Solo exhibition @ VK Samtidskunst at Vestjyllands Kunstpavillon, Videbæk, November 23 – December 29, 2019.

VK Samtidskunst at Vestjyllands Kunstpavillon is proud to present the solo show MY LAURA ASHLEY DRESSES by Hannah Heilmann. The exhibition circles around the artist’s love for and preoccupation with the English fashion brand Laura Ashley, and the boutique as a performative space. Arranging a display of Laura Ashley dresses and other ephemera with her own painterly work, Heilmann arrives at a setting looking halfway like a set design and a trade fair exhibition stand, channelling ideas around function, romance, luxury and modesty seen through the blurred lens of stylistic periods. If this brand analysis of the Laura Ashley look becomes a lens to look at fashion as consumer culture and desire driven economy whose sustainability is difficult to defend, then concurrently, the exhibition evokes notions of how fashion as a pop cultural language can be a modus for processing emotions around the crises that characterize our time. A daydream about guilt, melancholy, bewilderment and hope.

Make no mistake, this exhibition is about death and capitalism, and about the mild case of shopaholism that I share with so many. But it is also about my collection of Laura Ashley dresses.

My work with Laura Ashley starts in 2012, when I find myself in Leeds, working as a research assistant for an English art historian. In a thrift store I happen upon a light blue, floral eighties cotton dress, with a pleated skirt, it has a belt too; the top resembles a dress shirt. Without quite knowing why, I attach great meaning to the fact that it is a Laura Ashley dress. I remember showing the dress to the professor I work for, to whom it’s aura isn’t quite so obvious – he isn’t familiar with Laura Ashley. But I am, and that’s when I realize that the brand Laura Ashley holds a place in my understanding of a collective European memory.

In the years that follow it becomes more and more apparent, that clothes play an essential role in my artistic work. Not just as costumes or props, but also as a type of object that behaves in certain ways, connecting the private body with an extensive net of cultural capital and consumer economies. Clothing can act as an image, then a skin, then a commodity, a mystery, a tool, and a language.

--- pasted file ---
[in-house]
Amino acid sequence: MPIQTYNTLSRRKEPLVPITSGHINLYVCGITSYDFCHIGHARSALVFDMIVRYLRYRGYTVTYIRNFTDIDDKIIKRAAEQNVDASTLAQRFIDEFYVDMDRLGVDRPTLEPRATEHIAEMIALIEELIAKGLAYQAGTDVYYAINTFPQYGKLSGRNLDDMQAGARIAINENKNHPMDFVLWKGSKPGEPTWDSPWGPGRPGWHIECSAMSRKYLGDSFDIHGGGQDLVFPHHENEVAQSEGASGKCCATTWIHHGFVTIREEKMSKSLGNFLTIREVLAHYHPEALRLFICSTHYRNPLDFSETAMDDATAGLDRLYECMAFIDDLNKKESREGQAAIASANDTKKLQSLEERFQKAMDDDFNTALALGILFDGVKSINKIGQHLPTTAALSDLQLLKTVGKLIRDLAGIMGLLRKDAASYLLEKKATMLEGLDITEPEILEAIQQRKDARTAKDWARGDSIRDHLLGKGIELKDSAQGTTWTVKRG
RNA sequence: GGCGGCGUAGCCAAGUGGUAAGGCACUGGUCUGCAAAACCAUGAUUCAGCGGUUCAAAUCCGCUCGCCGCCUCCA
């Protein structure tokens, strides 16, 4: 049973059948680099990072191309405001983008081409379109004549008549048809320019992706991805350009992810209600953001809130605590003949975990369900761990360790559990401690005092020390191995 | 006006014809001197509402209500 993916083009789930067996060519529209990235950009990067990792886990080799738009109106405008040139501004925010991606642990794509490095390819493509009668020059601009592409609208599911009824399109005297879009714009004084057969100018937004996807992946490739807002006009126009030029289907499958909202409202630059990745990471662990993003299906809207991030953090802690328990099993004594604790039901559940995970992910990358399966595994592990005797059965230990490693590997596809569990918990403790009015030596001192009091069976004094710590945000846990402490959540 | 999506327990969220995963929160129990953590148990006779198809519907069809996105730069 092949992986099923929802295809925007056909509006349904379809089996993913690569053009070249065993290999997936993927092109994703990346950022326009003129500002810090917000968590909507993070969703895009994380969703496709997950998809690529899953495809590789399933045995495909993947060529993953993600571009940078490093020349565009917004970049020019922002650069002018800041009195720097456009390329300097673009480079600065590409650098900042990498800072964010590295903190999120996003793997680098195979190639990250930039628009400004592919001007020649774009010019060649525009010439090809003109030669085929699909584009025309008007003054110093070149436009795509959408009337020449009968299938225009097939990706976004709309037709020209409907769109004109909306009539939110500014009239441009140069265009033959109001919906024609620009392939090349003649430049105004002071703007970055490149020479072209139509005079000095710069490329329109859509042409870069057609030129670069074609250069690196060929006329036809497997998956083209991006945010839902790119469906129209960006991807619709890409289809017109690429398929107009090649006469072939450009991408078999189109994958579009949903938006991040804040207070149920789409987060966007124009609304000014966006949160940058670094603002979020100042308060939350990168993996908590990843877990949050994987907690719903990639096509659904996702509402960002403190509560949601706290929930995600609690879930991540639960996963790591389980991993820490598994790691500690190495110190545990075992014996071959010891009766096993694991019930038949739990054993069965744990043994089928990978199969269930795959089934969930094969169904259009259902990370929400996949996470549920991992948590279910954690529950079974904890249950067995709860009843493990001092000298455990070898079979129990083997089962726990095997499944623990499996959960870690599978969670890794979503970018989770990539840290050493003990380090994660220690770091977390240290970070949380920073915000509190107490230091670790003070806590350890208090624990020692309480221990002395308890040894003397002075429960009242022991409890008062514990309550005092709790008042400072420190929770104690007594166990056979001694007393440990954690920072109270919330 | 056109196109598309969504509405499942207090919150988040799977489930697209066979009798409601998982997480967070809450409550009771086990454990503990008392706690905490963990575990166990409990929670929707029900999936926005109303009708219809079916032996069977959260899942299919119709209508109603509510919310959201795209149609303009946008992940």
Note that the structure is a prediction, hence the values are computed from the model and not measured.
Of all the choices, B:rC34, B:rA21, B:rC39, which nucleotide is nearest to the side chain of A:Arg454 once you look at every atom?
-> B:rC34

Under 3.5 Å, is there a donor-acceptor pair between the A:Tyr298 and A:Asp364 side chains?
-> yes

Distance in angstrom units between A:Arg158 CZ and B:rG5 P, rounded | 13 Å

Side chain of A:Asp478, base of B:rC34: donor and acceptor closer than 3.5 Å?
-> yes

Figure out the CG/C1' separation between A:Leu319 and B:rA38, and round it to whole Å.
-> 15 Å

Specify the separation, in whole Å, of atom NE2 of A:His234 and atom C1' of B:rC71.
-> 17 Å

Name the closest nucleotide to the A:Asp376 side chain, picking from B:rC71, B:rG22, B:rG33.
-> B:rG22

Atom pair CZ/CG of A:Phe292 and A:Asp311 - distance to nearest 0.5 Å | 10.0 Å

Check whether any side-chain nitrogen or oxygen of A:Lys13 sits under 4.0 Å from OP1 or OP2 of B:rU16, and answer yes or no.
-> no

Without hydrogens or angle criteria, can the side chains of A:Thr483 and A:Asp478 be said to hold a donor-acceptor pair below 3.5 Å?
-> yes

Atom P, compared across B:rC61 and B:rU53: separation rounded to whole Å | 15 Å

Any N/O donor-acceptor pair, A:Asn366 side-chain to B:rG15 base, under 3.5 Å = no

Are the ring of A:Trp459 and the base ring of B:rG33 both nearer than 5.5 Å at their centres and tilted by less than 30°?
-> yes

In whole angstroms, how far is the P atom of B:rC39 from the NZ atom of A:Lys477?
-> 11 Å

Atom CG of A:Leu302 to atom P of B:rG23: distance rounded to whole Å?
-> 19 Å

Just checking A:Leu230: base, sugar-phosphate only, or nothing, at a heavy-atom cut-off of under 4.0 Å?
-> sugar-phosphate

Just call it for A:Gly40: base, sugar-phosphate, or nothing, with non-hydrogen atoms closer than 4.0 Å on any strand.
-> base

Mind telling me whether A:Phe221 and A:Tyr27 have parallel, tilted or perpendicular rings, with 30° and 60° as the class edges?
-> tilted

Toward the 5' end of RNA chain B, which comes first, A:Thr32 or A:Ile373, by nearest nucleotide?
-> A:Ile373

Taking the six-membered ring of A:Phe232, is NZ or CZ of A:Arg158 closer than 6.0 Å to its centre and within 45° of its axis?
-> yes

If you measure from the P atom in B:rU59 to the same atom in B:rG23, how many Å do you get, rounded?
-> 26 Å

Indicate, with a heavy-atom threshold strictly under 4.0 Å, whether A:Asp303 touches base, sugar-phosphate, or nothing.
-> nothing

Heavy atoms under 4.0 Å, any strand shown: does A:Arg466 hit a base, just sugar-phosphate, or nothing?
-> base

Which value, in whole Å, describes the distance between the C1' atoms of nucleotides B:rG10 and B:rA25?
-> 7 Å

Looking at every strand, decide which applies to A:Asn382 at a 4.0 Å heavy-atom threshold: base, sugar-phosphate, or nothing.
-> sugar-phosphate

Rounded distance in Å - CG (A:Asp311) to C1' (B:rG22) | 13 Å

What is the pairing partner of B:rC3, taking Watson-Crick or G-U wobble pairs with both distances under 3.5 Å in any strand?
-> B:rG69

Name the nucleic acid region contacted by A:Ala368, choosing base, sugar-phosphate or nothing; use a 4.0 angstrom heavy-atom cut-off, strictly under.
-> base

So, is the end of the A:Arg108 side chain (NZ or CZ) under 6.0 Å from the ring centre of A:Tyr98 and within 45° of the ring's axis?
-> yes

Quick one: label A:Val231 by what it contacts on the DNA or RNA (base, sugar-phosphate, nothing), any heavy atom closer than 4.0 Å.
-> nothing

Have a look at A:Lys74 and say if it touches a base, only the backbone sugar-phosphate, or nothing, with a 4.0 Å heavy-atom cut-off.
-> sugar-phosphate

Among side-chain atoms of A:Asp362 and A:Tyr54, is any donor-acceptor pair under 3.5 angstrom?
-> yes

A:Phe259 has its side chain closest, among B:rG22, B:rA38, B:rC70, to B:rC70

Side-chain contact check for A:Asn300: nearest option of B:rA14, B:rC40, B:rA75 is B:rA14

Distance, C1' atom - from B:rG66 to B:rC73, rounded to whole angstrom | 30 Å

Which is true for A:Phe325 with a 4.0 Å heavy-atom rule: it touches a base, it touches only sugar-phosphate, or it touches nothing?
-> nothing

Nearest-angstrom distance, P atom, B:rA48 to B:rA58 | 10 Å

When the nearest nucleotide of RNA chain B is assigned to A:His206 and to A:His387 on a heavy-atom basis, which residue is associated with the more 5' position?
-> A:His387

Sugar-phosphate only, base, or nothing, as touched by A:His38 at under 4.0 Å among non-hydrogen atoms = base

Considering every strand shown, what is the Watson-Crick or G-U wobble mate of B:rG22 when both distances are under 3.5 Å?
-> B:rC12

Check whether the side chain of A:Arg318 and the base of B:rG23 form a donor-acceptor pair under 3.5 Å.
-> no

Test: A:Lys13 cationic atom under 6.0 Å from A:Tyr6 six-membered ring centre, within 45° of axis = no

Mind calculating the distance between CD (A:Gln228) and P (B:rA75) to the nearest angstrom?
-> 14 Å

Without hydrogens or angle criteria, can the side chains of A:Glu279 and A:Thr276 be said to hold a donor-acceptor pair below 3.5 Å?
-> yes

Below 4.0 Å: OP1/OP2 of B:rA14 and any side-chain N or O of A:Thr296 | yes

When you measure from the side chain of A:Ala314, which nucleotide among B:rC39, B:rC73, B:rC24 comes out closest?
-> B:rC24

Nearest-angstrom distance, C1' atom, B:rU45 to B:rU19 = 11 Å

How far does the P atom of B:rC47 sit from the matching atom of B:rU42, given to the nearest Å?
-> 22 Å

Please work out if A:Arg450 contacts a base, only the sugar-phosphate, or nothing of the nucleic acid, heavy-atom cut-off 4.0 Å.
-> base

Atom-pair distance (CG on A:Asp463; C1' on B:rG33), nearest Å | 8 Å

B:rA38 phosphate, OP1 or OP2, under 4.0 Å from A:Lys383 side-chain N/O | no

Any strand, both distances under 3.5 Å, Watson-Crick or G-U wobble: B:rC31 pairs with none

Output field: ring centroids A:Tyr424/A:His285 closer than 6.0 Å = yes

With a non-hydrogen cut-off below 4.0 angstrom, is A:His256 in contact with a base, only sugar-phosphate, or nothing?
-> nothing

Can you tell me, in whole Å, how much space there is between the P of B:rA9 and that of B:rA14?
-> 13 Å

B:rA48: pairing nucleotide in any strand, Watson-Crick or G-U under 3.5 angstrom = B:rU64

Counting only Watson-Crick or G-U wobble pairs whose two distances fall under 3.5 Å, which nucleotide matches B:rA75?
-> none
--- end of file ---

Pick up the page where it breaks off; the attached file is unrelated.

In 2016 I’m on maternity leave, restless and tired. While the little one is sleeping I find myself buying 1970’sand -80s Laura Ashley dresses online. When the dresses arrive I try them on— of course I do, and most of the time I also take them of again. Part of me feels these purchases are work. My shopping is work. A guilty ghostly labour made in a time of ecological crisis, acting against my better judgment every day, I have been trained so well. I become an expert in the market for Laura Ashley dresses, how to date the items based on silhouette and print, their changing logo designs and place of production. The older and better dresses are from Carno in Wales; on the slightly later ones it just says Great Britain. In the mid-80s the production becomes a lot less local, and if the dress is made in Hungary or China, the dress is less desirable, that’s what the market for Laura Ashley dresses on eBay tells me. Incidentally, it is also in the mid-1980s that the Laura Ashley Company becomes publicly listed at about the same time that Laura Ashley falls down a flight of stairs and dies.

The Laura Ashley brand and business model is a Christian housewife-design-success from a time when more flamboyant forms of self-expression were all the rage; intersecting at a very sore point with consumer culture revealing the fashionable mess we have been in ever since. The modest bohemian-look, which the Laura Ashley brand came to represent in the 1970’s, is today a classic. Laura Ashley dress designs are often described as neo-Victorian and neo-Edwardian, but in fact they express a much fluffier fantasy about the 18th century, the pseudo Middle Ages and faux Empire joining to create a loose idea of pastoral past. Class and history and countryside and city and revolution and conservatism whirling around those dresses. Milkmaid-as-princess? University scholar with time for baking bread. Laura Ashley often reminded her employees: “Remember, we’re in the camouflage business.

Unravelling the designs historically they do not just point to idyllic countryside, but to the history of postcolonial economy and industrialization, not least taking the history of the printed cotton-calico fabric into consideration, how it came to Europe from Calicut in Kerala, India, to stir up the wardrobes of the meaner classes and set the European clothing fabricants in enough panic to have it banned until they mastered competing techniques. Westerner’s ability, and sense of right, to shop and trade without considering the context seems to be insistently consistent. If you fast forward you end up with me, the luxury-bohemian in the competition state, and the hint of religious puritan affect of my everyday climate-anxiety. Standing here shouting to the 18th century dream of the 1970’s: You see the downfall so clearly, turn around, you can change the future!”

The exhibition MY LAURA ASHLEY DRESSES is the 4th of 8 exhibitions curated by Anna Margrethe Pedersen as a part of the project VK SAMTIDSKUNST.